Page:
When onboarding cannot take place face to face, practices need to work hard to deliver an exceptional, human approach to do this remotely. Onboarding a new employee is an important part of welcoming them to the team and ensuring they become productive quickly and effectively, with access to all the people, information, processes and equipment they will need to do their job.
Here are our nine tips to ensure your new employee is remotely onboarded successfully.
1. Pre-board where possible
Be proactive and have your new employee fill in all the relevant paperwork (preferably online) for HR and payroll before their start date. Also, consider all the platforms they will need access to and ensure that the relevant departments have set this up at least a day before they start.
This will help your new employee(s) start work on their first day without any admin or access issues getting in the way.
2. Send a welcome pack
Create some excitement for their first day. As part of their starter kit, which might include any equipment, software and hardware they will need to do the job, also send them a welcome pack. This could include a branded water bottle, mouse mat, or a welcome card. This is your opportunity to make them feel special and part of the team.
3. Create a personalised action plan
One size rarely fits all – take the time to create a personalised plan for each new starter, focussing on what they will need to know on their first day, their first week etc.
4. Do not create a brain drain
Avoid covering too much on their first day and creating a brain drain. Ensure it includes a variety of activities including learning, reading and contact with other relevant people.
The first day is a great time to share expectations with them on what you want them to achieve at the beginning of their tenure with you.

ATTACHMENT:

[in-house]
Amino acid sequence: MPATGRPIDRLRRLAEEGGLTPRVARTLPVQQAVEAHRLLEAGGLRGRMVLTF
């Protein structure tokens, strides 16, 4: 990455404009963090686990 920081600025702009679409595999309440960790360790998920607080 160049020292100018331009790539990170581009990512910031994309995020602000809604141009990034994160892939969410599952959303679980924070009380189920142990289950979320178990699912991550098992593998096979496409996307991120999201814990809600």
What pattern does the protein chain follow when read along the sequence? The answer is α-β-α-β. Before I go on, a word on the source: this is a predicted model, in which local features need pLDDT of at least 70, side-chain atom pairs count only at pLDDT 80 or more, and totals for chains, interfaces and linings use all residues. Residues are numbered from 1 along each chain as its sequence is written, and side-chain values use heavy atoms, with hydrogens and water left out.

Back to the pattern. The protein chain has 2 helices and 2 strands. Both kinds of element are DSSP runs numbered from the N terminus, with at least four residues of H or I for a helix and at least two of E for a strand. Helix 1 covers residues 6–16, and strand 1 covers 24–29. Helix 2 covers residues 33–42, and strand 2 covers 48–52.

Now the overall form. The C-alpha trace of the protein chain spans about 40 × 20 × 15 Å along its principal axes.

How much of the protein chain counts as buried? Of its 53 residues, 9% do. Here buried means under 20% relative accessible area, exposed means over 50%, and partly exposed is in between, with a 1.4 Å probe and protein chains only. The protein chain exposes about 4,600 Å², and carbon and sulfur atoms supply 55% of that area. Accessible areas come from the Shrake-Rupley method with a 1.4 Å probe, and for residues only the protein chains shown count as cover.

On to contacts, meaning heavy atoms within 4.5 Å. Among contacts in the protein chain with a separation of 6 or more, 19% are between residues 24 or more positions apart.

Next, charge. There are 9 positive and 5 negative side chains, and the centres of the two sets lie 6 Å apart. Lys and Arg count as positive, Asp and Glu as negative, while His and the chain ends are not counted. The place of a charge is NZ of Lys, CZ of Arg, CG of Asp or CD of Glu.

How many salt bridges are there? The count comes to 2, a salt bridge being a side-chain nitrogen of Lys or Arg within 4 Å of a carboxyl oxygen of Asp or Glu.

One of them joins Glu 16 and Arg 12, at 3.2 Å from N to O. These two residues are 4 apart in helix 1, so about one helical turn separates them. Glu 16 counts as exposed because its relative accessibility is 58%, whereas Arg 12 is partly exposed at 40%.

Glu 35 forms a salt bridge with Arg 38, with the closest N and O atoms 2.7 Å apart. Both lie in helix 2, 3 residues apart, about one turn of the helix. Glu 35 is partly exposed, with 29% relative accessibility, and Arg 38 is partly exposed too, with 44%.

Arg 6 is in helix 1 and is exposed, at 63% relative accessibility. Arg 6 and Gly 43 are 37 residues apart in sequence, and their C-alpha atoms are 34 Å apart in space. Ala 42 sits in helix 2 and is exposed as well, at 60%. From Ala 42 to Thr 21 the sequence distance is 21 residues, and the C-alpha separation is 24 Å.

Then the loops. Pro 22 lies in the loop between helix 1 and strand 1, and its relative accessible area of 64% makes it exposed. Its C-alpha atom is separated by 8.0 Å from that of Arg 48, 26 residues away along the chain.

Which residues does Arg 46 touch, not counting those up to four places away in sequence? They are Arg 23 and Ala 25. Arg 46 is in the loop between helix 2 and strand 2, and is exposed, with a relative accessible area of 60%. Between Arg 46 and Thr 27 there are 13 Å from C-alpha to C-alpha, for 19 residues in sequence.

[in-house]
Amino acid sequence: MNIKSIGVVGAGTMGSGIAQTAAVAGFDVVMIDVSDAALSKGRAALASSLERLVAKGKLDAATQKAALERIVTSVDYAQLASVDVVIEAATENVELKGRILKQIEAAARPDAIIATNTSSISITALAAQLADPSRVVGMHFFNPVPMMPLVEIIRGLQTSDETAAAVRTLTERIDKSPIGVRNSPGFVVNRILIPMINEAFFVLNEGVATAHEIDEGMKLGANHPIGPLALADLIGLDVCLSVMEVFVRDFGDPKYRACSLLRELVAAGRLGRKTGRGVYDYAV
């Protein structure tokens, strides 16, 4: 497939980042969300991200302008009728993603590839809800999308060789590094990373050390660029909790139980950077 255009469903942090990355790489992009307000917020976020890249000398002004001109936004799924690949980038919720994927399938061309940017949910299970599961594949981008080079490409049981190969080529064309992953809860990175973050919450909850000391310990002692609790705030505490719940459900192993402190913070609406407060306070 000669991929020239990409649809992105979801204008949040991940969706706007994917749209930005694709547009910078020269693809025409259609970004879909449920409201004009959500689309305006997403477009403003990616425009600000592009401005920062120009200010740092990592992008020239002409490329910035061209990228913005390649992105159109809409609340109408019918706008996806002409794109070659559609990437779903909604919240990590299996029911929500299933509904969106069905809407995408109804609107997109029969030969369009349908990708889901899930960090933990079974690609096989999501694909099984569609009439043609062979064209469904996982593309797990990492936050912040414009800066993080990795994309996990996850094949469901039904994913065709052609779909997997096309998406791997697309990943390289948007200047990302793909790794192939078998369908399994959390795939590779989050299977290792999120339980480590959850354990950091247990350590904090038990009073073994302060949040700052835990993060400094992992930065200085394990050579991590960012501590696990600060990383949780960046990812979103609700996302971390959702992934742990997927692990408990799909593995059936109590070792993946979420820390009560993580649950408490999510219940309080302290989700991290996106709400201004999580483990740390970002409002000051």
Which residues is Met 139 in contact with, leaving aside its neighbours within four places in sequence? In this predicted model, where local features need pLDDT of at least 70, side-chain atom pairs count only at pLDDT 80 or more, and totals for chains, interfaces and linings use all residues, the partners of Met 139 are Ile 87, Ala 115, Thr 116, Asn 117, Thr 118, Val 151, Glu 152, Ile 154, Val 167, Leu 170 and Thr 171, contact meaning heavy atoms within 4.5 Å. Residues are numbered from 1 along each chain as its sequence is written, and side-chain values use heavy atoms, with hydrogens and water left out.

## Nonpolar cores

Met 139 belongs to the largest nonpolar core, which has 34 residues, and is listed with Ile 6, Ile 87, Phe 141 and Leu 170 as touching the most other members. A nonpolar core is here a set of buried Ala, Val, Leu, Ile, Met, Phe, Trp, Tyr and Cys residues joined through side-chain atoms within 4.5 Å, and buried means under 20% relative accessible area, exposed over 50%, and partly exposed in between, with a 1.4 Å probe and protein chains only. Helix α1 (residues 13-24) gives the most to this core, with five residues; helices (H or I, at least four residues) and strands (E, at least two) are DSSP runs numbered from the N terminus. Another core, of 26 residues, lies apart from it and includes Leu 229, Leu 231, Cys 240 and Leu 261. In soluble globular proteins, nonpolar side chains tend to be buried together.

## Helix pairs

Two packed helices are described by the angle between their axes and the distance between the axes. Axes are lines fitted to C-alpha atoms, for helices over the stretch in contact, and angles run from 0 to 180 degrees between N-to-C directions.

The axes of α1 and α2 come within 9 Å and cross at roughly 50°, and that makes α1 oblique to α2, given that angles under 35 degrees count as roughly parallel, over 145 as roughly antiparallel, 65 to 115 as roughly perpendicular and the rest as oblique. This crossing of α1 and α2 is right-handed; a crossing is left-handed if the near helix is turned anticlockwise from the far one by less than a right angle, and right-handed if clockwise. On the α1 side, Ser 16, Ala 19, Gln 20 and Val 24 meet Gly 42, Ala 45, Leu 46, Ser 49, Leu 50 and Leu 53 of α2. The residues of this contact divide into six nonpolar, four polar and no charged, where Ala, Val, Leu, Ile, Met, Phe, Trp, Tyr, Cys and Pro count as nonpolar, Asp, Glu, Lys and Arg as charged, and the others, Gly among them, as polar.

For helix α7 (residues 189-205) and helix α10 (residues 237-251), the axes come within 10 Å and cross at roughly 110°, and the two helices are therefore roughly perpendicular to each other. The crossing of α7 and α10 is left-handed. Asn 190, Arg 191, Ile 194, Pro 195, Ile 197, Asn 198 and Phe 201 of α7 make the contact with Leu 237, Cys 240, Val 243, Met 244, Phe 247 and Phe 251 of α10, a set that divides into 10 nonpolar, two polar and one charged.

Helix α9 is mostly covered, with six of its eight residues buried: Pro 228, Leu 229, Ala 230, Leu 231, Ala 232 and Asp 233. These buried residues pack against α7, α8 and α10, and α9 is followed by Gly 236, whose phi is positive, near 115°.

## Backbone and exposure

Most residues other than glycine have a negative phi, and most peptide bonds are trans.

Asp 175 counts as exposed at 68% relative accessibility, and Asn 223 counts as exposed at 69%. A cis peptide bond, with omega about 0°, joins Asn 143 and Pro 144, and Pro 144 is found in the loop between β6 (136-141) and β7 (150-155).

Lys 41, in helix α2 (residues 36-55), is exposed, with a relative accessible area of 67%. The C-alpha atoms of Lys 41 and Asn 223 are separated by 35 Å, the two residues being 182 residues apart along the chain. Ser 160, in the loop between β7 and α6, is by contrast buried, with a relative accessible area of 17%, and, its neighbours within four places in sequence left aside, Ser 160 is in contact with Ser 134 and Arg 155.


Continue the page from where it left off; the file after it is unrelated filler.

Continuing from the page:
5. Build rapport
The reality of working from home can make people feel isolated and lonely. Focus on the human aspects of your exchanges with your new starter. It is important to find out about them from not only a working and managerial style level but also to find out about their personal life and interests.
6. Make updates in real-time
It is crucial to ensure all processes, staff directories, guidelines and documents are up to date. Your new starter will want to show initiative and find out information themselves. Whether you use an Intranet or a sharing platform like Microsoft Teams, audit these well in advance and update in real-time.
7. Human connections
Working from home can make people feel lonely and isolated. They must be included in team meetings and make time for individual introductions to be made.
If you don’t already have a buddy system in place, consider implementing one now. Introduce them to someone who they can communicate with regularly for virtual coffees and chats, just like they would do at work.
8. Check-in regularly
Schedule regular catch-ups with your new starter and make them feel welcome to contact you when they need to. Recap on information provided in their first few days. Remember the start of a new job can be quite overwhelming and refreshing certain elements will make them feel confident they are settling into the business.
9. Ask for feedback
Onboarding is not a one-way street. Ask for feedback on how their onboarding has been and where they would recommend changes to improve the process.
Onboarding should be something that your business continually works on to improve.